Signs Point to Defensive Growth in Cubs’ Outfield

The Chicago Cubs have received a great deal of praise over the past calendar year for their defense, and it’s with good reason that they’re constantly lauded for what they achieve with the leather. This is especially true of the infield. When you’re talking about a group that includes Gold Glover Anthony Rizzo, a player who has vastly outplayed his defensive potential in Kris Bryant, future Gold Glover Addison Russell, and a pair of versatile defensive weapons in Javier Baez and Ben Zobrist, anything other than an elite level would be a surprise.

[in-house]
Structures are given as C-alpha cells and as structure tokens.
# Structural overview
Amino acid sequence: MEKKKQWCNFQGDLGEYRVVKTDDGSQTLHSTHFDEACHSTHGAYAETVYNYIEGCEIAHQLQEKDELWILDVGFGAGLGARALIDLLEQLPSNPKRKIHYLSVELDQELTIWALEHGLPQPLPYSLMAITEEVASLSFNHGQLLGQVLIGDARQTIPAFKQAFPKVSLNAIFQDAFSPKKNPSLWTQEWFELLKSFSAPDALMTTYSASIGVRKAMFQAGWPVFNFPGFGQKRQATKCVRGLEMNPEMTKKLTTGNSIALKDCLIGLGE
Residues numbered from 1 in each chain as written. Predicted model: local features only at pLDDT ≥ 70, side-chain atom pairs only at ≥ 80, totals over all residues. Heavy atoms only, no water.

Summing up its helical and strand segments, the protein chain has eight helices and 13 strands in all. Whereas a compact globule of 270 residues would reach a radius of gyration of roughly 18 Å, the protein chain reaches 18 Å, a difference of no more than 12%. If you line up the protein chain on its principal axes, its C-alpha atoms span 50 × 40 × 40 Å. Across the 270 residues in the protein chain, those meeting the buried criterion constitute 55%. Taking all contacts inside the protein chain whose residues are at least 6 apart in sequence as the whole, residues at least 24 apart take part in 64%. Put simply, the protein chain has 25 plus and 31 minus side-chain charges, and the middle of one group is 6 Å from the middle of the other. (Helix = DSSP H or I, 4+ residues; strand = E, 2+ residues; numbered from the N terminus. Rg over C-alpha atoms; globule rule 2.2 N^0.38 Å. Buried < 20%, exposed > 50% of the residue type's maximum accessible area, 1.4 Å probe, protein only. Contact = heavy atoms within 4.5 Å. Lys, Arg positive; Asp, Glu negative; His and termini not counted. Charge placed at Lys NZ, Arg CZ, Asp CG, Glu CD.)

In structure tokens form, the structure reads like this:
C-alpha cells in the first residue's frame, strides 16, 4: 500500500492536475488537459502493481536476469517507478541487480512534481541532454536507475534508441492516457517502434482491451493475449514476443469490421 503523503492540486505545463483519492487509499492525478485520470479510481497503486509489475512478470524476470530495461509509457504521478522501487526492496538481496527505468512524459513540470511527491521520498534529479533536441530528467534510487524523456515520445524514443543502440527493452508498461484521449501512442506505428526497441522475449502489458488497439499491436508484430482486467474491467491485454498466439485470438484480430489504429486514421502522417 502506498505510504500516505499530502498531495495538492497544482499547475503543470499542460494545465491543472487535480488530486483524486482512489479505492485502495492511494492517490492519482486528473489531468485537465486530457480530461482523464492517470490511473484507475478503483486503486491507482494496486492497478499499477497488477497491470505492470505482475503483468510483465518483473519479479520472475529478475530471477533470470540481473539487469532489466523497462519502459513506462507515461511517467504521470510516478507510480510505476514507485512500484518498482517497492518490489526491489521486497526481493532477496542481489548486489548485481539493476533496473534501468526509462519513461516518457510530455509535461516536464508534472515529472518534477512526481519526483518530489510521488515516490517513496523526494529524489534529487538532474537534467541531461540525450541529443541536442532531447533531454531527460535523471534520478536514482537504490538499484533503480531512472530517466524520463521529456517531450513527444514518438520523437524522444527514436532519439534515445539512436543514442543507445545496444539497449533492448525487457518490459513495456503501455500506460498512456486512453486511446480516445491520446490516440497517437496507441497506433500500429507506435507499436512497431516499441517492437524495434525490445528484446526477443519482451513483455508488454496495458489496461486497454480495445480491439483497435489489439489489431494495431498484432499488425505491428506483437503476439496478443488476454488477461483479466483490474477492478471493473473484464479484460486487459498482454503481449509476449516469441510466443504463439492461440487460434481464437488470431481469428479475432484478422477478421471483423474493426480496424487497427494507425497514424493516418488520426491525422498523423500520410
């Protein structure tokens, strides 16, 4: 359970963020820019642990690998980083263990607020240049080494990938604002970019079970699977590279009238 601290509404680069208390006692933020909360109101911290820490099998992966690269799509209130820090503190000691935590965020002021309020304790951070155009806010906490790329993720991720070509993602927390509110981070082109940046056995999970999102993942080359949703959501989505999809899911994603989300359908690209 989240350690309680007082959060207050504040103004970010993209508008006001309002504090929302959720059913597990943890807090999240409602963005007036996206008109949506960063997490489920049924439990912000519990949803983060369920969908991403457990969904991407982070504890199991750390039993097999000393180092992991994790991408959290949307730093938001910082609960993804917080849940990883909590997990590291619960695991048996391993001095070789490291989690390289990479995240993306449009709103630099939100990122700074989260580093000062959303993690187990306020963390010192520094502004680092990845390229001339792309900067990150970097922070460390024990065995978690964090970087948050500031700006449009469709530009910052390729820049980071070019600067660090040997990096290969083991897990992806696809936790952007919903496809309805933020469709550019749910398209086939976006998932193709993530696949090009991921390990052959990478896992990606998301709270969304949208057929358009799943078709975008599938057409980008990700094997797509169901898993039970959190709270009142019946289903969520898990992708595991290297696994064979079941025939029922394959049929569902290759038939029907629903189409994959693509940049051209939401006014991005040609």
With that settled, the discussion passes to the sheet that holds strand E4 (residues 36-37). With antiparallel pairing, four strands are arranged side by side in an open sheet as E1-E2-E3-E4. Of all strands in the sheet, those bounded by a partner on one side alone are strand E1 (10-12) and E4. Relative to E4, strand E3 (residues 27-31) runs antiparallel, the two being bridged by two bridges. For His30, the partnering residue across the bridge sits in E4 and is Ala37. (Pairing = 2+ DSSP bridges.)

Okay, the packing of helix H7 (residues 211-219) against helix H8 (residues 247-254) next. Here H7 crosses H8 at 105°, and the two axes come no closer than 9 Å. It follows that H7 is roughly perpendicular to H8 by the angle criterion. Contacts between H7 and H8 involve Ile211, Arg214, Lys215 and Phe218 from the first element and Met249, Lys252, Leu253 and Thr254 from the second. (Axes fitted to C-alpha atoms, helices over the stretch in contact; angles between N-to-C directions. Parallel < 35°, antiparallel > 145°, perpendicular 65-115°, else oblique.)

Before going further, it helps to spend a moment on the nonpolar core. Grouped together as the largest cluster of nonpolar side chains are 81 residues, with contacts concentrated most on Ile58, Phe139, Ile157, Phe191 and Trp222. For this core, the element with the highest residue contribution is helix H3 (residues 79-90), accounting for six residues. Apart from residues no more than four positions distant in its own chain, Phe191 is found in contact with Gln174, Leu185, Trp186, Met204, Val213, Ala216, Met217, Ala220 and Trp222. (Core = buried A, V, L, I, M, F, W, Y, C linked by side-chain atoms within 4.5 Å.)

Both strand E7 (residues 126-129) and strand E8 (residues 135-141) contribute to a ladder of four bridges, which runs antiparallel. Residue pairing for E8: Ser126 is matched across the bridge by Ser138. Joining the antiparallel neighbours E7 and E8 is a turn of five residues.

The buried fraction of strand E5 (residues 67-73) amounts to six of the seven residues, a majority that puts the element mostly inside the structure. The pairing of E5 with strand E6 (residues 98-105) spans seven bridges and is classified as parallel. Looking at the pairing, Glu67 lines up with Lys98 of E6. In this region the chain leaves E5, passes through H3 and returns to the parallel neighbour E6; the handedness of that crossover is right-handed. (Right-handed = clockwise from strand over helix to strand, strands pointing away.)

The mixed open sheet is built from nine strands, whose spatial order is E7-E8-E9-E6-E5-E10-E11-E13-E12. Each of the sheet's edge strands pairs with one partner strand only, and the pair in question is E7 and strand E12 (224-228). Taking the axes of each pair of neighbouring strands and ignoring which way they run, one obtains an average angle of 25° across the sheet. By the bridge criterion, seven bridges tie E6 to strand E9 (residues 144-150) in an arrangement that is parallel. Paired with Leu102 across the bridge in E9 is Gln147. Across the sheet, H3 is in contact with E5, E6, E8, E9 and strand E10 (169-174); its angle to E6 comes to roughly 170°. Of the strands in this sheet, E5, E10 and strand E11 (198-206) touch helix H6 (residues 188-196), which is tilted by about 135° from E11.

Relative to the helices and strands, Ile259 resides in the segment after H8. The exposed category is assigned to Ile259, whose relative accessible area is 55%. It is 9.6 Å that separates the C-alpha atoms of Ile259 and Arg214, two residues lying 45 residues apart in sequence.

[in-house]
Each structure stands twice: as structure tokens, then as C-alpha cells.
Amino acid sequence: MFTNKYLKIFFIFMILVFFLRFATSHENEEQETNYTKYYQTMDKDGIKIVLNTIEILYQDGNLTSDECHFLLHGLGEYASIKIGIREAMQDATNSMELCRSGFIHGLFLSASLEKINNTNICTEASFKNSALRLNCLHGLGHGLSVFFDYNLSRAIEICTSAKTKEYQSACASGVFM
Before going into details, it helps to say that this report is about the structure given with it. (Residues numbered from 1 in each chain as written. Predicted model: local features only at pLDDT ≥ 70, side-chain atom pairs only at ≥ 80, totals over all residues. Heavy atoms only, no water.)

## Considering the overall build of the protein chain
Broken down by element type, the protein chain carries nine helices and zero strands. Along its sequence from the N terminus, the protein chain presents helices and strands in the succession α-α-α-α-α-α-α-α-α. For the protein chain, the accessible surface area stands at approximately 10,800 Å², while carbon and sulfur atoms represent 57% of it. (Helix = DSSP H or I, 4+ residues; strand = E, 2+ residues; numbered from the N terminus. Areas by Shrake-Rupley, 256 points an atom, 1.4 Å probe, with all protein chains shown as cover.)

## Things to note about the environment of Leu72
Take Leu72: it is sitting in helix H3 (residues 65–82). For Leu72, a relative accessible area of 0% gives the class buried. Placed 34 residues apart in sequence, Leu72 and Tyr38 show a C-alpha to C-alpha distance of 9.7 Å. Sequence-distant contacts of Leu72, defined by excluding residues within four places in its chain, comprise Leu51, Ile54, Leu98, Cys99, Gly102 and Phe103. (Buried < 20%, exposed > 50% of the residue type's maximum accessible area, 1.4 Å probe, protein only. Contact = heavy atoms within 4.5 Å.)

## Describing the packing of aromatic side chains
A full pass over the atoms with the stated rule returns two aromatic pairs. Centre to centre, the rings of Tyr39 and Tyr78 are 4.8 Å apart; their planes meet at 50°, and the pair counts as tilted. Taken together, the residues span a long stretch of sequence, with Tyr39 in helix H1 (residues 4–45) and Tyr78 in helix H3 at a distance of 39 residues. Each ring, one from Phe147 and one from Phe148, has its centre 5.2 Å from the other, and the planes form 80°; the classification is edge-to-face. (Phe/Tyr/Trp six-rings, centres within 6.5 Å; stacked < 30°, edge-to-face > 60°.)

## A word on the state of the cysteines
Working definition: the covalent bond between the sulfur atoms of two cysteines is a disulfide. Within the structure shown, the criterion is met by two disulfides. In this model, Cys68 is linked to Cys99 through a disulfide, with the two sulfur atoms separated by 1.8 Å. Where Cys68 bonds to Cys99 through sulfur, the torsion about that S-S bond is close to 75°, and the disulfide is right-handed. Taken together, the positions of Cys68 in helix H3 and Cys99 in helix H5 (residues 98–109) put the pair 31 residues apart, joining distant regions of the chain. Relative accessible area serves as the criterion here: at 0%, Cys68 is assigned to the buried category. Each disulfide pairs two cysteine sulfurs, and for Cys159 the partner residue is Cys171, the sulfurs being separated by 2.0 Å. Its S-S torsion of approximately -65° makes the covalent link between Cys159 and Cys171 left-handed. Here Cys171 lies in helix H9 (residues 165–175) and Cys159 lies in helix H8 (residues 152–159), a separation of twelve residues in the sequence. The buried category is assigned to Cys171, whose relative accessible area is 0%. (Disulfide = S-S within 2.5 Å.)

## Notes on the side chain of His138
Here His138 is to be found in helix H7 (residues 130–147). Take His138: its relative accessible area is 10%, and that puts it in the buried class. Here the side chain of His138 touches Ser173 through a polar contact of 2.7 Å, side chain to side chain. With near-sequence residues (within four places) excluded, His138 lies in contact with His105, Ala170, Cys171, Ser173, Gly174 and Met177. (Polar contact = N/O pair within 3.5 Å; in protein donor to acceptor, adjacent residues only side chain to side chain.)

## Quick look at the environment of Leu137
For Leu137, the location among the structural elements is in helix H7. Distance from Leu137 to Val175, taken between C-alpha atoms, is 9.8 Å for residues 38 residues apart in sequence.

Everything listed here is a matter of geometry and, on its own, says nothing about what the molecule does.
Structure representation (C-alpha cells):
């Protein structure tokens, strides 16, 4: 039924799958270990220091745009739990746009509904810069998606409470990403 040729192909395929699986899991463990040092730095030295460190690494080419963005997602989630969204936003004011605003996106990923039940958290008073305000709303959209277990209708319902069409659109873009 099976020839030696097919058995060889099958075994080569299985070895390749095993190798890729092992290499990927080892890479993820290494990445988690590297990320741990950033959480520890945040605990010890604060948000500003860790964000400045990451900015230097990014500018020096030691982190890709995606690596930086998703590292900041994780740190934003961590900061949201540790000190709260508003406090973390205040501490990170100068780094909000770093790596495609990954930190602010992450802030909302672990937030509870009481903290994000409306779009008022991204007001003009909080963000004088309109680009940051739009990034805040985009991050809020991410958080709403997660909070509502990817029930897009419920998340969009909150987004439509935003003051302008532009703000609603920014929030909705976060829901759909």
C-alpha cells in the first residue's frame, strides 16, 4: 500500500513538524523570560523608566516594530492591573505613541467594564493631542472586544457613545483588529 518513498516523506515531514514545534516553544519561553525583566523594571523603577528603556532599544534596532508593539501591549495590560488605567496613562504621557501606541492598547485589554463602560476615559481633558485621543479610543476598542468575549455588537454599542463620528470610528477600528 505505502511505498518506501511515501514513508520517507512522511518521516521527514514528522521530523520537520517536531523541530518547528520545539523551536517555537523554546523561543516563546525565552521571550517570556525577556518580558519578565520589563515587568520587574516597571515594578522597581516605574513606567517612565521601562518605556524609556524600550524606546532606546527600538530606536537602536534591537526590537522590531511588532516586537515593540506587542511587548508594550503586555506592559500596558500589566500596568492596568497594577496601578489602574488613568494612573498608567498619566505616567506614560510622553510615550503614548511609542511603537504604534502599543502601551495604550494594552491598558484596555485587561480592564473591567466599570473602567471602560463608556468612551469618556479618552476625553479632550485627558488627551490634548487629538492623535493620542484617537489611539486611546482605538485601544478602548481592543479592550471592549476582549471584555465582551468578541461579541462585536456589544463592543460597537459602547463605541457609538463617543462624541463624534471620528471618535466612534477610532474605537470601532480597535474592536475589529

But that excellence with the glove could translate to the outfield in a way that we really haven’t seen before.

Obviously Jason Heyward’s presence is a sign of defensive prominence in itself. But the addition of Albert Almora in center on a permanent basis, as well as the continued development of Kyle Schwarber as an outfielder, could allow the Cubs’ trio of outfielders to join in on the elite buzz.